However, designing an effective learning experience implies meeting specific requirements to fulfill its aim [36]: (i) the learner must be actively involved in a relevant experience and receive guidance on what to observe and how to observe according to a reference knowledge framework (for instance, the learning objectives dictated by their courses or modules); (ii) the learner must be induced to reflect upon the experience, for instance, through conversations with colleagues, tutors or herself; (iii) the learner must be guided on how to conceptualize the experience, for example, in terms of models, maps, or frameworks; and (iv) the learner must be challenged to propose alternatives or solutions to a given problem, issue or concern to foster their decision-making and problem-solving skills.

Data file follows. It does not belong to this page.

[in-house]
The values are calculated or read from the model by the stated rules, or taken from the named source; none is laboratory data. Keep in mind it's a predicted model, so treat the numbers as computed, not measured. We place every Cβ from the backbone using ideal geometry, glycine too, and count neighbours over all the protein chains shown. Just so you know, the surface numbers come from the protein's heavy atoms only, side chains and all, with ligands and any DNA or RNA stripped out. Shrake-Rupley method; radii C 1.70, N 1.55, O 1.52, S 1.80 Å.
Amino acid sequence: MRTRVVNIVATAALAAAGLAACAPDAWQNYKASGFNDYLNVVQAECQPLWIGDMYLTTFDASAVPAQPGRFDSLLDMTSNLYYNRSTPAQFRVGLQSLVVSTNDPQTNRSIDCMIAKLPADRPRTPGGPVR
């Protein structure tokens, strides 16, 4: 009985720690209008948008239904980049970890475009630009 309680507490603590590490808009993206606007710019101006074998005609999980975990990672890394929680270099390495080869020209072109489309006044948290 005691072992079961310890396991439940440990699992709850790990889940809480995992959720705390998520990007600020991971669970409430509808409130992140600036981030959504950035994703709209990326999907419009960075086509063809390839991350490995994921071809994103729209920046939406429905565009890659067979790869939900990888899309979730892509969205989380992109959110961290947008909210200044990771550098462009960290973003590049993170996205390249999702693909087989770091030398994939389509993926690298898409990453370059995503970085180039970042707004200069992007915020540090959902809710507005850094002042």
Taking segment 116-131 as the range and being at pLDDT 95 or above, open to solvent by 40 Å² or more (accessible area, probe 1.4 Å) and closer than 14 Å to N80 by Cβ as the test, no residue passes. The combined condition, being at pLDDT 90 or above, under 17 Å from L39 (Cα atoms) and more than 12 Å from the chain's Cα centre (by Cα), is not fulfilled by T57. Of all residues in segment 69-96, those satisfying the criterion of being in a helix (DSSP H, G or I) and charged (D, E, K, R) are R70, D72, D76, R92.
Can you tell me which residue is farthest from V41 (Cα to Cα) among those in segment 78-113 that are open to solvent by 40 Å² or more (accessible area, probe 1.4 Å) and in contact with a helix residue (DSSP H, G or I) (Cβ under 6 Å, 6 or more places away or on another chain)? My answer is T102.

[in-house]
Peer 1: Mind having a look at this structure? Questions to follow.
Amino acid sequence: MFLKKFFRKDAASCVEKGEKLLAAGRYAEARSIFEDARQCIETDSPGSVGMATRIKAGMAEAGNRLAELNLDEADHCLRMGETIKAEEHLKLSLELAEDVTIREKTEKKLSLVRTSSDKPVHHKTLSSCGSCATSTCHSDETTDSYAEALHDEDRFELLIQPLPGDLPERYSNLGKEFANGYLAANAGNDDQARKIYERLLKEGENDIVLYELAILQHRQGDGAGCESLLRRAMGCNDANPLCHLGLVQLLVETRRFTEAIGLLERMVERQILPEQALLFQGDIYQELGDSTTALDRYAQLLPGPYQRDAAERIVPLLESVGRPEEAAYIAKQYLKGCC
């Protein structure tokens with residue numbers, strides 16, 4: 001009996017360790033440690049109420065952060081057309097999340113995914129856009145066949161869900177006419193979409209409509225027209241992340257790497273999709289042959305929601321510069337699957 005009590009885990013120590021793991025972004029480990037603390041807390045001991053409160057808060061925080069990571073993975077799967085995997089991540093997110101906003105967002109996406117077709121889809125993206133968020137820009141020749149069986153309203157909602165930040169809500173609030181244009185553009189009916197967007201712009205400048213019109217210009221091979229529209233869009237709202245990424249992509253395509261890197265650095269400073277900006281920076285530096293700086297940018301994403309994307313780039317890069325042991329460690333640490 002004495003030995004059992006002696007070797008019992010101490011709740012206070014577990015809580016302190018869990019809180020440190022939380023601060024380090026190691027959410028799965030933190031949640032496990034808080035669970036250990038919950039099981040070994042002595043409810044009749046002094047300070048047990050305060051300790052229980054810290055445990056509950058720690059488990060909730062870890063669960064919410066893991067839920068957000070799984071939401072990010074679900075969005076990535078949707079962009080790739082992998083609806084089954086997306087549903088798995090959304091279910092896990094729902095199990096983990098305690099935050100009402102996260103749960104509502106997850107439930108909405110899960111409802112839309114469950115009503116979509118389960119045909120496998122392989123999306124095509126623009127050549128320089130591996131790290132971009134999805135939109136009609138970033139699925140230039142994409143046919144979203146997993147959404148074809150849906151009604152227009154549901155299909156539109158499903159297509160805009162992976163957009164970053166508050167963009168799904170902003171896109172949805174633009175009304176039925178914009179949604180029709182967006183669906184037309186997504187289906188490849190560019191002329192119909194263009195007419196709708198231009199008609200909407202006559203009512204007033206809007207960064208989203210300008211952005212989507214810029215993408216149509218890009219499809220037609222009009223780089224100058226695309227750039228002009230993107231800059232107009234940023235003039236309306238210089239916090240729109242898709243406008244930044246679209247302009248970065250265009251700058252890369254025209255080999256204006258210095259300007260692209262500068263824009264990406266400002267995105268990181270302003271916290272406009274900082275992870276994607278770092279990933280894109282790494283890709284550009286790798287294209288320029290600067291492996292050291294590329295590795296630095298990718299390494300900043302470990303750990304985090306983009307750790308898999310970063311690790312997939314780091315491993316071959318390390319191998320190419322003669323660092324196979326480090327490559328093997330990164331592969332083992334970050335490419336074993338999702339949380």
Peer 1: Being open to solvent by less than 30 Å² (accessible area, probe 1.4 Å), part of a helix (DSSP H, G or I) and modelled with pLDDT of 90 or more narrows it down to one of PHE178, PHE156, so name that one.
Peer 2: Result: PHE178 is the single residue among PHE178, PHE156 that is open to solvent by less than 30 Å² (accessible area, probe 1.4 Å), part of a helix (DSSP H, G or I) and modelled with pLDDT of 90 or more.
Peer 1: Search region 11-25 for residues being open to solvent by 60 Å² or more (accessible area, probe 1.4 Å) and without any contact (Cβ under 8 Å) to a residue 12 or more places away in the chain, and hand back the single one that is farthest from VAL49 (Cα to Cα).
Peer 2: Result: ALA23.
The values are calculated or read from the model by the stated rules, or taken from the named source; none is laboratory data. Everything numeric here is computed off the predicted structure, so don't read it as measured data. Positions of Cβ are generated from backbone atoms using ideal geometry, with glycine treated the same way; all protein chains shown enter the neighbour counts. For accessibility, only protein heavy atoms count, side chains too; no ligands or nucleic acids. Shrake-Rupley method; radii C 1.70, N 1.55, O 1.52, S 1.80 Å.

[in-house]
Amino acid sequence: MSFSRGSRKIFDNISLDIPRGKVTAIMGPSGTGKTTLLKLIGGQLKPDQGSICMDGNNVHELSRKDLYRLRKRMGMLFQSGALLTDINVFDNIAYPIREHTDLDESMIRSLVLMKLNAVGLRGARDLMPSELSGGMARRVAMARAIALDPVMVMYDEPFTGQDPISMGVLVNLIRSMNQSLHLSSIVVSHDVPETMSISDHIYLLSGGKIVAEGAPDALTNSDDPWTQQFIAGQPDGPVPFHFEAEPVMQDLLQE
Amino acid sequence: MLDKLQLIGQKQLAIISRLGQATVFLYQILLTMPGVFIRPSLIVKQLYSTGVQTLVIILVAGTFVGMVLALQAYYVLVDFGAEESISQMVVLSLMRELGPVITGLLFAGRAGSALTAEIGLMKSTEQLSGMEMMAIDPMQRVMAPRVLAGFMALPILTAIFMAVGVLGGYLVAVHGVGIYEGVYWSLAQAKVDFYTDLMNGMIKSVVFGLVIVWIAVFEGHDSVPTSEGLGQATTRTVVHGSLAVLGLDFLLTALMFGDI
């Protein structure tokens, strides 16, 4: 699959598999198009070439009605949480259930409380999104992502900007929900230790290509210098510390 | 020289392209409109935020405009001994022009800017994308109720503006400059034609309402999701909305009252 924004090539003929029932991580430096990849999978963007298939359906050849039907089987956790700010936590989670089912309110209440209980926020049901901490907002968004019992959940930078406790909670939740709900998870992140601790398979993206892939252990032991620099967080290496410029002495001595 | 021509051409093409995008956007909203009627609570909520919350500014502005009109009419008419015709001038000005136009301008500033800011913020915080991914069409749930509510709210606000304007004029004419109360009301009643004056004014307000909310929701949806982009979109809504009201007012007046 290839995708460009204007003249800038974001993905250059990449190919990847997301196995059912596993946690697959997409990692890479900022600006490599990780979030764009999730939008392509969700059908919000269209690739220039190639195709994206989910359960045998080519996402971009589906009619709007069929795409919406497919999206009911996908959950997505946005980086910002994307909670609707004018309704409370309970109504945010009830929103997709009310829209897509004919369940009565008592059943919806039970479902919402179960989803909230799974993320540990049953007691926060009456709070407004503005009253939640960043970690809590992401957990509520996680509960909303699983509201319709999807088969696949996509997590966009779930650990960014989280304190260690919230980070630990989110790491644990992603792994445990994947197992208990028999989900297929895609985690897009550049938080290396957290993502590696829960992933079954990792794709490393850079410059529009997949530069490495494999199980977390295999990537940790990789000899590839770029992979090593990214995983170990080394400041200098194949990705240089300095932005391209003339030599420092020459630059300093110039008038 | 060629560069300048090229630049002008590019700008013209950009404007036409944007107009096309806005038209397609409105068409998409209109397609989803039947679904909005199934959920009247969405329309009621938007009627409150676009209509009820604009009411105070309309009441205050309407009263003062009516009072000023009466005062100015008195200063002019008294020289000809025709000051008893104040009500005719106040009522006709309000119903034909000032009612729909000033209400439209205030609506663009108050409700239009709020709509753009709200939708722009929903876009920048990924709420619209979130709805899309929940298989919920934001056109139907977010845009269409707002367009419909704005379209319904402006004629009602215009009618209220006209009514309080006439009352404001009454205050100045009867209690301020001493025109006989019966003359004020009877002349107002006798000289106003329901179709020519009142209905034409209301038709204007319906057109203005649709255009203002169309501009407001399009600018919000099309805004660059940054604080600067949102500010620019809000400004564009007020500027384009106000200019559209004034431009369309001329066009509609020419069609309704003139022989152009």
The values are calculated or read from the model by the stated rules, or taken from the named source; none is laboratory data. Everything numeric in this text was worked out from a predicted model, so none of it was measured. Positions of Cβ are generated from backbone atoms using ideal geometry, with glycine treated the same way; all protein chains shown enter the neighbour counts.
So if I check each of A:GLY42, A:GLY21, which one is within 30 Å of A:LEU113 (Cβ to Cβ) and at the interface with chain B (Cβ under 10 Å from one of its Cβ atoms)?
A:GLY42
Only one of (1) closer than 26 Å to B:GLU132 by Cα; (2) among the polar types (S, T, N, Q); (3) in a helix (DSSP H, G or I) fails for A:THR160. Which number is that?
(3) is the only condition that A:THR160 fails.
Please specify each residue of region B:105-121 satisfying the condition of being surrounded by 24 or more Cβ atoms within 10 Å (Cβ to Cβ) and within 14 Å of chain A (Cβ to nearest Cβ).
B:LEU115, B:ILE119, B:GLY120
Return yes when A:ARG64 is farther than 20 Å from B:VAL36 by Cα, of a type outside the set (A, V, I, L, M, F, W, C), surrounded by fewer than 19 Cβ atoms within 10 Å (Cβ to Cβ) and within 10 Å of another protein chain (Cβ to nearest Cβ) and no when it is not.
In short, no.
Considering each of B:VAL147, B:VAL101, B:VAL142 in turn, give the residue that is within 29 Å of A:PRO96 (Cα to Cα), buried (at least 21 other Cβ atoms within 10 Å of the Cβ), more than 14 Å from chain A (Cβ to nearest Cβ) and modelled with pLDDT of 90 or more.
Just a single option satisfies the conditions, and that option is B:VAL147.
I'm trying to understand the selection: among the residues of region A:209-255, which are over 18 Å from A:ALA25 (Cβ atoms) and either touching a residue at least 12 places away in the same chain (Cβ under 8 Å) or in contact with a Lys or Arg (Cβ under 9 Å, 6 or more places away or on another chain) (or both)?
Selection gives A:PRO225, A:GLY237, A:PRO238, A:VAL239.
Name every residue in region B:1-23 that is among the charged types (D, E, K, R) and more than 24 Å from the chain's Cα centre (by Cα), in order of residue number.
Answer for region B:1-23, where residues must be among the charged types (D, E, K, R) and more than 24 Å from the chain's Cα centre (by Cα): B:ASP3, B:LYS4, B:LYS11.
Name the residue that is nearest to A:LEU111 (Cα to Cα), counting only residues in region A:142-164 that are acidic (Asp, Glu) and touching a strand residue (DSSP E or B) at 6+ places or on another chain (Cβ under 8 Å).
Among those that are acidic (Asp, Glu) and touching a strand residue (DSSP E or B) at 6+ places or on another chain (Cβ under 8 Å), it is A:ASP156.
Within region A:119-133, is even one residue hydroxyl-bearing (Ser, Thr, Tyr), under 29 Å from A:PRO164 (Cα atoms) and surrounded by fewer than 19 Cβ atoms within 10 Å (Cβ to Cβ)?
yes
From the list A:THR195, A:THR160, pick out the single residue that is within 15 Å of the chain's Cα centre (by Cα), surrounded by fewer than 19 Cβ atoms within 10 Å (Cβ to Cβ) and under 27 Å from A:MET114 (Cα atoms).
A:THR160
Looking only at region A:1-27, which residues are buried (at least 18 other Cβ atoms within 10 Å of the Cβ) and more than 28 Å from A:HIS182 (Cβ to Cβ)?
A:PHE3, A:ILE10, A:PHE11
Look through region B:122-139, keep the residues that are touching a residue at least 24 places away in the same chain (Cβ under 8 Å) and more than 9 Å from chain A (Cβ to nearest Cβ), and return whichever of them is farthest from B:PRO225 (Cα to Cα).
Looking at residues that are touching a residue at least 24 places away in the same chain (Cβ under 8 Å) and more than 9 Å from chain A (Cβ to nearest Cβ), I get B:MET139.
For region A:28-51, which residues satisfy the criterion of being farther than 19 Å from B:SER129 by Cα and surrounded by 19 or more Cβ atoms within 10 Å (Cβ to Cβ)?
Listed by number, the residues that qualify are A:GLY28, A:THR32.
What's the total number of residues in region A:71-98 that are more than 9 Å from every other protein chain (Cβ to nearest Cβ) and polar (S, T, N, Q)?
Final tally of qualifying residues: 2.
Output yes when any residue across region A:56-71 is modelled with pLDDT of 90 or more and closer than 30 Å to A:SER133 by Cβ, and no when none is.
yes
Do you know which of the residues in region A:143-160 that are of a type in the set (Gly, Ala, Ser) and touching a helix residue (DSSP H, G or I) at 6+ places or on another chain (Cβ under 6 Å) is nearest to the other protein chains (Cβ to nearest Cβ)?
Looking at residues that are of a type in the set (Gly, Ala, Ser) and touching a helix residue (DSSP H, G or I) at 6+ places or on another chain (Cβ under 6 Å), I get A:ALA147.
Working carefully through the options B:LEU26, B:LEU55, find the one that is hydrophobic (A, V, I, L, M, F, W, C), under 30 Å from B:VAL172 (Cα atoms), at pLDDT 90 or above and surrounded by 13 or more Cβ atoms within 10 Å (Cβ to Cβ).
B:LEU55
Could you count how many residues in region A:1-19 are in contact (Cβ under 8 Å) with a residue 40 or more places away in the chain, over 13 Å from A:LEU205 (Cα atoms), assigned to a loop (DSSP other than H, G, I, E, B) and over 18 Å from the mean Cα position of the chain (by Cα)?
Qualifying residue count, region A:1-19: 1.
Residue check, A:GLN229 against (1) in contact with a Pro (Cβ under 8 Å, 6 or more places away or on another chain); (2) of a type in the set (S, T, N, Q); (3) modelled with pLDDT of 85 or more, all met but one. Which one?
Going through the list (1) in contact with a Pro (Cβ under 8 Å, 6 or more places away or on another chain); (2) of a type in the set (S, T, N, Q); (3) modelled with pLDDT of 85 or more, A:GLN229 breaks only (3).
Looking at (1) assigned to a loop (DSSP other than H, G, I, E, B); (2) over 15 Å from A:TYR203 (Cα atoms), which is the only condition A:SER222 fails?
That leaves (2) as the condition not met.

These previous ideas have powerful implications for designing learning experiences covering the intended learning objectives and expected outcomes in a module or a course. Learning experiences should preferably involve relevant real-world situations linked to the students’ reality or accessible validated experiences, support learning by doing, give students an active role and responsibility, and provide continuous feedback to improve student performance.